Neuroscience Program Seminar

Megan F. Duffy

Dissertation Defense

The temporal relationship between synucleinopathy, nigrostriatal degeneration, and neuroinflammation in the alpha-synuclein preformed fibril model of Parkinson’s disease

Numerous studies have documented risk variants in immune genes and increased inflammatory markers in the parenchyma and biofluids of Parkinson’s disease (PD) patients. The concept of whether neuroinflammation acts as a contributor to disease progression or is merely a consequence of nigral degeneration has remained elusive due to inability of previous animal models to recapitulate distinct phases of synucleinopathy and nigral degeneration. Recently our lab has characterized a new rat model of PD induced by injection of α-syn preformed fibrils (α-syn PFFs). The PFF model more faithfully models key features of idiopathic PD: namely early development of Lewy body-like pathology in widespread, PD-relevant brain regions under the context of normal levels of endogenous α-syn and protracted nigrostriatal degeneration over the course of 6 months. The distinct stages afforded by this model allow for investigation of neuroinflammation at different stages of synucleinopathy without the confound of α-syn pathology and degeneration occurring concurrently.

First, I histologically examined the time course of synucleinopathy, microgliosis and nigral degeneration at monthly intervals. Microglia in the vicinity of Lewy body-like inclusions display significantly increased cell body area and observable differences in extent and thickness of branching at 2 months post-injection, months prior to degeneration. Interestingly, major-histocompatibility complex-II (MHC-II; present on antigen-presenting microglia) was significantly increased in PFF-injected animals compared to controls 3 months prior to degeneration and relatively absent during the interval of degeneration. Moreover, the number of microglia expressing MHC-II at 2 months was positively correlated with the number of Lewy body-like inclusions in the substantia nigra, similar to observations documented in human PD tissue.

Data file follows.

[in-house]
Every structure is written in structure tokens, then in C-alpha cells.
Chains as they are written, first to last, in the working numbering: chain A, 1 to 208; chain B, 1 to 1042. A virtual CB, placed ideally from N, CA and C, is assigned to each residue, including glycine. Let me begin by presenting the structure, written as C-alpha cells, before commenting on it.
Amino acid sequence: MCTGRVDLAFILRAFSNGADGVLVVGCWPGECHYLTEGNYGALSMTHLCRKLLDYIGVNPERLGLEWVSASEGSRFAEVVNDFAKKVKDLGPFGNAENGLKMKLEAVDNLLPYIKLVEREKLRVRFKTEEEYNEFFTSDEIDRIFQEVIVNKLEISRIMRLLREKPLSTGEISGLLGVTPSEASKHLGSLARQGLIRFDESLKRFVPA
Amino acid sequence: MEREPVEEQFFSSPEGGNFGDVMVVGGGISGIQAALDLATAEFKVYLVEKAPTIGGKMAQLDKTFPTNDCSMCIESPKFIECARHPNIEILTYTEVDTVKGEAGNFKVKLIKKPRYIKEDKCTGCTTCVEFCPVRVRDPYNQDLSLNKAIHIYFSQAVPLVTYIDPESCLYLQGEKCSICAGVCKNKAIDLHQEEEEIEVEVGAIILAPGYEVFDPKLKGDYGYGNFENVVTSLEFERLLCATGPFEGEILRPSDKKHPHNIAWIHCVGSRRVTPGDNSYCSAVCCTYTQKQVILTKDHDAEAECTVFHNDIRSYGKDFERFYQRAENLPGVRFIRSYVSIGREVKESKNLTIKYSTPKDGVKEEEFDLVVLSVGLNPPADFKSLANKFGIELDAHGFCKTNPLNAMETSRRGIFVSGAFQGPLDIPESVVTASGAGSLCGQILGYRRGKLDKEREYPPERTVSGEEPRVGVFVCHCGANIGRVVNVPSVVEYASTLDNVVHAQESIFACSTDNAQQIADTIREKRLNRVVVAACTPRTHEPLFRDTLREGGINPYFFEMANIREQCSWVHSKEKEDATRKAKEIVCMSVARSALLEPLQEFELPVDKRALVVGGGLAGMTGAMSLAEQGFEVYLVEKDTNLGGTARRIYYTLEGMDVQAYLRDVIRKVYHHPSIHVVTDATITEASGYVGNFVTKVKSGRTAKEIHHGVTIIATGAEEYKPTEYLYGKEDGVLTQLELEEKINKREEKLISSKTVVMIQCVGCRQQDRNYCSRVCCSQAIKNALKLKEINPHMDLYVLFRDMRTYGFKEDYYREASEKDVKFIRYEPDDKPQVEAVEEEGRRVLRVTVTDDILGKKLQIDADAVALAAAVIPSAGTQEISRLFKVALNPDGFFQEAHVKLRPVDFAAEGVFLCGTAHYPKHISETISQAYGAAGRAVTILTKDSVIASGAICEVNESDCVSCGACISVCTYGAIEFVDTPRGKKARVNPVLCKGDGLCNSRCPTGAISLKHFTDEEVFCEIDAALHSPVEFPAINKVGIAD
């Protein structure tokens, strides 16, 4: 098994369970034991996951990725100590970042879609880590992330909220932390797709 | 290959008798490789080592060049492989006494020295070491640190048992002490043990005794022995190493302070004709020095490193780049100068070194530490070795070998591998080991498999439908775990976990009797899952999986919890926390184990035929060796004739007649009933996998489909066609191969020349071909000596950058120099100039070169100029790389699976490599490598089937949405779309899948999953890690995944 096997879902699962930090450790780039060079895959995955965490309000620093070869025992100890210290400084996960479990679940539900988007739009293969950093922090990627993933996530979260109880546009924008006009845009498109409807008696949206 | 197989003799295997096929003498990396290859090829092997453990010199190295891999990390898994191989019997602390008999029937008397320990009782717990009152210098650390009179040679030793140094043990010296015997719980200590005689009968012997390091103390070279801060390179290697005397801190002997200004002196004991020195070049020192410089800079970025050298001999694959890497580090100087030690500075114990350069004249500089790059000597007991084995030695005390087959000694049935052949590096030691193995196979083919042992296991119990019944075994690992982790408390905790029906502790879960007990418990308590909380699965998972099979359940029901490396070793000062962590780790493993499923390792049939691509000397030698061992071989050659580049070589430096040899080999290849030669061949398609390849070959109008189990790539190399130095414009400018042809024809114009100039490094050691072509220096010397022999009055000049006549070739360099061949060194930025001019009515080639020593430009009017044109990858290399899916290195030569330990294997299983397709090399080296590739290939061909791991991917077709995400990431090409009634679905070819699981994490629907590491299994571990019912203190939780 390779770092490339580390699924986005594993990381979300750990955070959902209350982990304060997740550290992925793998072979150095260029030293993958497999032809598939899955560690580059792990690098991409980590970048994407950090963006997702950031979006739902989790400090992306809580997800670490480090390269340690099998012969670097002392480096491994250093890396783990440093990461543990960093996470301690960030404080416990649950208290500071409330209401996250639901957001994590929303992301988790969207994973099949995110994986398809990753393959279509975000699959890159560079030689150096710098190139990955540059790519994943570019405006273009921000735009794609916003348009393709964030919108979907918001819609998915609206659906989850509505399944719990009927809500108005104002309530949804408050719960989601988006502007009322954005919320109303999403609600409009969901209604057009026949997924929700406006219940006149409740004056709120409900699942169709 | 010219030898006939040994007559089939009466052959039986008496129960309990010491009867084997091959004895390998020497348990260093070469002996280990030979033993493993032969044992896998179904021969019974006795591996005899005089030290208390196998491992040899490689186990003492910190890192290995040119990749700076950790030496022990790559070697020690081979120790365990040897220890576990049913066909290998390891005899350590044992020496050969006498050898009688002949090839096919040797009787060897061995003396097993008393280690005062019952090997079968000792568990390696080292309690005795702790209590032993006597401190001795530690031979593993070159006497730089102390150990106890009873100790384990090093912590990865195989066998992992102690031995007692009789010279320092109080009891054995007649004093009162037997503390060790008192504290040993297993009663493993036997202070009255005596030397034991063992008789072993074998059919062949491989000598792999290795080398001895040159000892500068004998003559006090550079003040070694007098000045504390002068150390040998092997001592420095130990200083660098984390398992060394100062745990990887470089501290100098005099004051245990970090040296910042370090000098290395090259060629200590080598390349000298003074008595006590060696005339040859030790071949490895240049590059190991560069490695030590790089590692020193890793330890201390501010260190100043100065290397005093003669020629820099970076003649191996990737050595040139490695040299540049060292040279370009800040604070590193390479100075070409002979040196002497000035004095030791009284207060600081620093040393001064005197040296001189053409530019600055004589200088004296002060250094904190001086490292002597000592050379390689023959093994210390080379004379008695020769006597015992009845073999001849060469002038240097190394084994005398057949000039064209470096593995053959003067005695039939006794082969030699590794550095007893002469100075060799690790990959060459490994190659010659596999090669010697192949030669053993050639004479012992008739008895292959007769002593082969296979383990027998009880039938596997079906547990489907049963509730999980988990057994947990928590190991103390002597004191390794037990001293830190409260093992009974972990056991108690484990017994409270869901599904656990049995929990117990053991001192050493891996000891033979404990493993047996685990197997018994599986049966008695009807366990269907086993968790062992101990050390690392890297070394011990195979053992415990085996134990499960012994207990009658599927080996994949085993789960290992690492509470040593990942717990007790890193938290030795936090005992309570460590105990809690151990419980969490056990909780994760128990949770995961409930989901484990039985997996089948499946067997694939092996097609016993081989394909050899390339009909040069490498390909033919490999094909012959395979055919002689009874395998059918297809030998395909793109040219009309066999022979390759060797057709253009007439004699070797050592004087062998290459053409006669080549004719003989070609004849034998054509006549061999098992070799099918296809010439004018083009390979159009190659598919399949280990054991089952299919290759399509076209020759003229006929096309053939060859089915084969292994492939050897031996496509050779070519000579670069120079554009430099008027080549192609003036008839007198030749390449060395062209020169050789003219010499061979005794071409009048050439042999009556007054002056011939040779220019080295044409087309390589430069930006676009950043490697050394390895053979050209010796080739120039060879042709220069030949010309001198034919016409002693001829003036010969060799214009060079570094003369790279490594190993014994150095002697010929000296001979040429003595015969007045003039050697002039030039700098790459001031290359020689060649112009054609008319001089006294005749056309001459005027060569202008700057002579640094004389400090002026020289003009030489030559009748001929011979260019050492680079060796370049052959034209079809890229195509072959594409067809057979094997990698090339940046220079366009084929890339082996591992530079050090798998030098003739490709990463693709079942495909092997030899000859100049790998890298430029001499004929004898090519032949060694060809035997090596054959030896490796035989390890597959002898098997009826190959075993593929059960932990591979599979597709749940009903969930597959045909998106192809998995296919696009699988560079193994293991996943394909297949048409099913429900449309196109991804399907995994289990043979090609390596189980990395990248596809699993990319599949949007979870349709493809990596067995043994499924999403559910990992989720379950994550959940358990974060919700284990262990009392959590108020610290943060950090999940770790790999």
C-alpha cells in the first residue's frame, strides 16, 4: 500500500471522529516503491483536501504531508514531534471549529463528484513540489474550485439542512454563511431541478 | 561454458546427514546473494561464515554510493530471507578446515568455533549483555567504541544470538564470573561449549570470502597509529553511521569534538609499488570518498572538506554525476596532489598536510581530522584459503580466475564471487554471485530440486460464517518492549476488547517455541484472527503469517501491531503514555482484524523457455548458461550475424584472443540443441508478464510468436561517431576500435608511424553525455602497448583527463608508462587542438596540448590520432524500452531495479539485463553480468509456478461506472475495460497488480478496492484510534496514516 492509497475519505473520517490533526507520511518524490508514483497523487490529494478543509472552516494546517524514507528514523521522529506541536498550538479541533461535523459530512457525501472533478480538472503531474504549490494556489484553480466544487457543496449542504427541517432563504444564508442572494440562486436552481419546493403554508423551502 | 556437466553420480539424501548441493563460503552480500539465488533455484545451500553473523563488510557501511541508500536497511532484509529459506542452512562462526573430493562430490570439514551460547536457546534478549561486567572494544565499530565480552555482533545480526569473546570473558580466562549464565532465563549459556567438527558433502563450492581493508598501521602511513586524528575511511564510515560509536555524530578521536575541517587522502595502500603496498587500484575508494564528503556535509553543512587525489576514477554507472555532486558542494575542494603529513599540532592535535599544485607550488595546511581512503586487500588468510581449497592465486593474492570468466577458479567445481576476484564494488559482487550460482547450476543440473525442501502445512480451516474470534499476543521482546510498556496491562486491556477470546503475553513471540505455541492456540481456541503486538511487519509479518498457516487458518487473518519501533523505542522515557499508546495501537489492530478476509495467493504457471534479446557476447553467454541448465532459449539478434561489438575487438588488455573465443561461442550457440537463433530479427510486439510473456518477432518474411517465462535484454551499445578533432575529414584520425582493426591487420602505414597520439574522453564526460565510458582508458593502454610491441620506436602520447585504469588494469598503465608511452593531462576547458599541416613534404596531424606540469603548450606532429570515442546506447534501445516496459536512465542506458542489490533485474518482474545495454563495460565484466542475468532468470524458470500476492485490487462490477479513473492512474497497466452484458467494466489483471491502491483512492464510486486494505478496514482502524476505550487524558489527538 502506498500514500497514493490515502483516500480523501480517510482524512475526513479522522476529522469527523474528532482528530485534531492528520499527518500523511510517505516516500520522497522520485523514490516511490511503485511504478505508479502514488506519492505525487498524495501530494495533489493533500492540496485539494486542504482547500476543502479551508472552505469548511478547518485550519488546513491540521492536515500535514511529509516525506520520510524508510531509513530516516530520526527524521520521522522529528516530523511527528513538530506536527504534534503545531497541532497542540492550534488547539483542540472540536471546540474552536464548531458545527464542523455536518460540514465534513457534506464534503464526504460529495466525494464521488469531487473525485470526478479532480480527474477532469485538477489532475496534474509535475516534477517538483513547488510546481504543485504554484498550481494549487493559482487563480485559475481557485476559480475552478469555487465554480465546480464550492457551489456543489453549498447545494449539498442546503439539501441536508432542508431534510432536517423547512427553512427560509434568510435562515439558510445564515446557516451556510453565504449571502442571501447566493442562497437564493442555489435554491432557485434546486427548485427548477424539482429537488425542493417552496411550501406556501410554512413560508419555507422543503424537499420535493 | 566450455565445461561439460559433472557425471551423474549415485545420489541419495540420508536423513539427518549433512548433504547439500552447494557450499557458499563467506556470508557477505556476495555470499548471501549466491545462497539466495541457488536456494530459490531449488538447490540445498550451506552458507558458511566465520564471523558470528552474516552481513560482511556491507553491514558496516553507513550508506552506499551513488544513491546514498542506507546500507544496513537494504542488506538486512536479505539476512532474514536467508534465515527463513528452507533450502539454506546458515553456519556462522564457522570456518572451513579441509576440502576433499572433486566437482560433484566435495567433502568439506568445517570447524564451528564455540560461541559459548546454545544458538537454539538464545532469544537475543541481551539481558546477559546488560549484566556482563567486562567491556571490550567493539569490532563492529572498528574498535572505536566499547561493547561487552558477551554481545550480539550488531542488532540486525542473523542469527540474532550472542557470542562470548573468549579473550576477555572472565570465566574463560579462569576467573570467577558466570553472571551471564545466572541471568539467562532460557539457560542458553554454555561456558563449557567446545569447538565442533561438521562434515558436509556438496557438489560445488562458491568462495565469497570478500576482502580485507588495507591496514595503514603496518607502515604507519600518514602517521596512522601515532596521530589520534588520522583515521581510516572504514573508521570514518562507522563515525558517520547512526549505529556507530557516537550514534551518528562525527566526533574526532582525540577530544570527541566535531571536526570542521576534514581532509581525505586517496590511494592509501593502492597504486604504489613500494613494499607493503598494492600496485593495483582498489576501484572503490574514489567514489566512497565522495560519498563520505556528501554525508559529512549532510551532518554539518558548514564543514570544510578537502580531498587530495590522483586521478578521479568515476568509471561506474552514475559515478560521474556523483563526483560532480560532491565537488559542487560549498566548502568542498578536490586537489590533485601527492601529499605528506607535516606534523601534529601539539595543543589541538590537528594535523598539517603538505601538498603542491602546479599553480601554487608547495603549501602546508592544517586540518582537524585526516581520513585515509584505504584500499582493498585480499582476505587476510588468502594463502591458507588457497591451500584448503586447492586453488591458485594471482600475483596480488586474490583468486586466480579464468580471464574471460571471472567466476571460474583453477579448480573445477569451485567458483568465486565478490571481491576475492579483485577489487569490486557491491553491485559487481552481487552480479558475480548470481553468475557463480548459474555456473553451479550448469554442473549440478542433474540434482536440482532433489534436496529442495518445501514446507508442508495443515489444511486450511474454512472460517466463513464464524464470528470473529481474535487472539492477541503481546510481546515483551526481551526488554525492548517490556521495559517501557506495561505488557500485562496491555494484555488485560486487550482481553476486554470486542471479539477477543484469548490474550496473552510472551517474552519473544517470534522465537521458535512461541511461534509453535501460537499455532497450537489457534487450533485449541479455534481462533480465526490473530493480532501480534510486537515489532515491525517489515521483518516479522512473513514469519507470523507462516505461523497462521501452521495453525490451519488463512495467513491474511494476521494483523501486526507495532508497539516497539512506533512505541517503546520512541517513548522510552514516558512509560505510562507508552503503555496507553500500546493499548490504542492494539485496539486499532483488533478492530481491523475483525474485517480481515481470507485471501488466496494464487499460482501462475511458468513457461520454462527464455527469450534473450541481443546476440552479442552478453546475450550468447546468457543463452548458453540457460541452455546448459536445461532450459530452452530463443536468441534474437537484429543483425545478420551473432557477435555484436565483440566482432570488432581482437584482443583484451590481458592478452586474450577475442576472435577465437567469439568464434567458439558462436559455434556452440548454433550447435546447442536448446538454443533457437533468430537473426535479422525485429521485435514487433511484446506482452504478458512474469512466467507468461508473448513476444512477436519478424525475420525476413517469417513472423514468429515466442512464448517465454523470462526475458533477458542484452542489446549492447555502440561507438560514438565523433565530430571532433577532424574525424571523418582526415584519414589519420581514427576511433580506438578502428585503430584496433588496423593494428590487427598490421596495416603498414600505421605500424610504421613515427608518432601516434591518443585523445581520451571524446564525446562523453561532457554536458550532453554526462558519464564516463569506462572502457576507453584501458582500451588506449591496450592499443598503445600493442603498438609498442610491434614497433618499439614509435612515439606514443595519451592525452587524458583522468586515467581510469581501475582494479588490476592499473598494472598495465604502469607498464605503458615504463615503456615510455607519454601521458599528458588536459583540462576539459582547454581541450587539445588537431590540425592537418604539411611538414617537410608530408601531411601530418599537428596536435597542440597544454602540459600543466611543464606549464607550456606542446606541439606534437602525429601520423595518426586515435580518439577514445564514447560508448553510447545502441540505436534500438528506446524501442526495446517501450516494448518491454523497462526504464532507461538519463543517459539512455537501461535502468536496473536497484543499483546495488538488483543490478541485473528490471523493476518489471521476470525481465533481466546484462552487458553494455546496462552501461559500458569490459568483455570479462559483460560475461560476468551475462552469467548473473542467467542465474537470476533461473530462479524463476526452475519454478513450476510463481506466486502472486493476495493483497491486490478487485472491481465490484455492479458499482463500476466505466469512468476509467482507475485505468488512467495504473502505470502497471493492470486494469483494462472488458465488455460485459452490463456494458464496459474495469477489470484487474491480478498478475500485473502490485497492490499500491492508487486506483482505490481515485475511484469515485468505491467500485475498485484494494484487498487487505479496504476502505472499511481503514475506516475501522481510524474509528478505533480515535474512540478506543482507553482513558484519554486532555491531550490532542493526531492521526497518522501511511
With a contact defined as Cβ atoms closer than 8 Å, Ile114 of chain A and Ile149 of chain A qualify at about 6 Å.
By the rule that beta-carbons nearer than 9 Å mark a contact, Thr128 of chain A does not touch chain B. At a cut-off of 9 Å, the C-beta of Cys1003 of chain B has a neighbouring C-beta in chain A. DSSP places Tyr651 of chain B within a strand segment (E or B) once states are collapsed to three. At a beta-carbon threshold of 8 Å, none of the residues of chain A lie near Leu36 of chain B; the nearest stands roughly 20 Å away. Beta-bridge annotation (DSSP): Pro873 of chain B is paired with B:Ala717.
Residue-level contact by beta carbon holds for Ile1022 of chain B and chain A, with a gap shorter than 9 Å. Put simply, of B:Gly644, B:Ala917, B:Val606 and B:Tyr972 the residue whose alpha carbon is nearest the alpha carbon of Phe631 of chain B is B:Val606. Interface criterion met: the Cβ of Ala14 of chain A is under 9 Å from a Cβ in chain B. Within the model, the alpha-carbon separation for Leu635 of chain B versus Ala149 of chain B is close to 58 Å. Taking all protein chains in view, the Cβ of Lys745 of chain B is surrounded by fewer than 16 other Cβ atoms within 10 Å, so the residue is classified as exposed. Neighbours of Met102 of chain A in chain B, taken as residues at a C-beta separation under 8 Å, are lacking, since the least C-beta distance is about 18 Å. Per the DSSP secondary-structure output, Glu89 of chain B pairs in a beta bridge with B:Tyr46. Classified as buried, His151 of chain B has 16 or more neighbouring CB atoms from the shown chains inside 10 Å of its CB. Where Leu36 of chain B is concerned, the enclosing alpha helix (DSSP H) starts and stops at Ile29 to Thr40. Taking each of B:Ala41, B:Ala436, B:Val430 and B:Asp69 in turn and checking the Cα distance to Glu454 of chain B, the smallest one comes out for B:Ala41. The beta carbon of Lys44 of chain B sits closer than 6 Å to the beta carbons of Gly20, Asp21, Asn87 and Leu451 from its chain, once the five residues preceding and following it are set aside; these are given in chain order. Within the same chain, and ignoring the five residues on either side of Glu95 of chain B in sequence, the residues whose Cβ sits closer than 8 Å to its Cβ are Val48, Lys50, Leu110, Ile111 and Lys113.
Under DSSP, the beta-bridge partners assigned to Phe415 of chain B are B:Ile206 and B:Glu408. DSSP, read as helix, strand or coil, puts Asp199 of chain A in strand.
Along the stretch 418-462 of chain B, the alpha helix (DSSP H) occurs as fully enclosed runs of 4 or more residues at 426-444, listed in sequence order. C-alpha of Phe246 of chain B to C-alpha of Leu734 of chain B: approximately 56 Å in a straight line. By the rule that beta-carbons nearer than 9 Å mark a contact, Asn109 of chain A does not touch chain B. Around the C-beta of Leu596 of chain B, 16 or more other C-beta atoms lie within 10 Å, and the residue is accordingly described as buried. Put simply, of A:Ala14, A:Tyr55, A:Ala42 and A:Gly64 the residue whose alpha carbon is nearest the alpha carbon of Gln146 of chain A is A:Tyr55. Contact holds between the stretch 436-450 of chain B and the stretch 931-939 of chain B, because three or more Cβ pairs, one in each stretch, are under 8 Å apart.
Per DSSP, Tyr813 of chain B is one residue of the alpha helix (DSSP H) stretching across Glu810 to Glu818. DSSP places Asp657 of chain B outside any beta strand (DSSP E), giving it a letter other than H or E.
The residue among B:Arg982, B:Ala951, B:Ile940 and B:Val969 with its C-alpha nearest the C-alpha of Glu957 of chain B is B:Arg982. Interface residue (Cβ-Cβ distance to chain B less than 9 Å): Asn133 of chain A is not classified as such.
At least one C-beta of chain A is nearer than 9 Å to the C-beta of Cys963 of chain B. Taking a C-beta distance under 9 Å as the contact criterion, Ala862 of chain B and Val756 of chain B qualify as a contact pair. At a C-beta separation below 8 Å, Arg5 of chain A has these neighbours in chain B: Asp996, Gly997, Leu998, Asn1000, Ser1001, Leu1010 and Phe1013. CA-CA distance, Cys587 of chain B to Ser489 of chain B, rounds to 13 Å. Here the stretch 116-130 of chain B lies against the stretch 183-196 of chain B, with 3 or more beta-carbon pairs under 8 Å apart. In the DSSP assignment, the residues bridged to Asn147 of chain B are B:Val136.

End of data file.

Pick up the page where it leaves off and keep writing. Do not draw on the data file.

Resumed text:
I next investigated the temporal profile of inflammatory cytokine expression in cerebrospinal fluid and plasma in the context of naïve aging animals and in PFF-injected animals. In the context of normal aging, tumor necrosis factor (TNF) and keratinocyte chemoattractant (KC/GRO) were significantly increased in aged animals compared to young and young-adult animals. In the synucleinopathy cohort when α-syn burden in the SN is greatest, I observed significant correlations between number of nigral α-syn inclusions and CSF levels of interferon-gamma (IFN-γ) were observed. At 4 months I continued to observe correlations between α-syn burden and CSF IFN-γ and TNF, and significantly elevated interleukin-6 in PFF animals compared to controls. During the interval of degeneration, significantly increased levels of interleukin-5 (IL-5), keratinocyte chemoattractant (KC/GRO), and TNF were observed, though cytokines did not correlate with magnitude of degeneration at this time point. These results suggest that a certain threshold of α-syn burden must be present in order for deviations in cytokine levels to be detected in early stages of disease and that overt differences in cytokines between PD patients and controls require the effect of pathology and time.

Collectively, our results suggest that inflammatory mechanisms, specifically antigen presentation by microglia in the substantia nigra have the potential to contribute to degeneration. Moreover, deviations in pro-inflammatory cytokines that occur in early disease stages are closely associated with α-syn burden within the SN. Finally, the combination of biofluid sampling and measurement of α-syn within the brain may represent a biomarker for early disease detection.

Host: Dr. Caryl Sortwell

Monday, July 16, 2018 at 10:00 am
1102 Grand Rapids Research Center

Talk will be broadcast to 101 Giltner Hall, East Lansing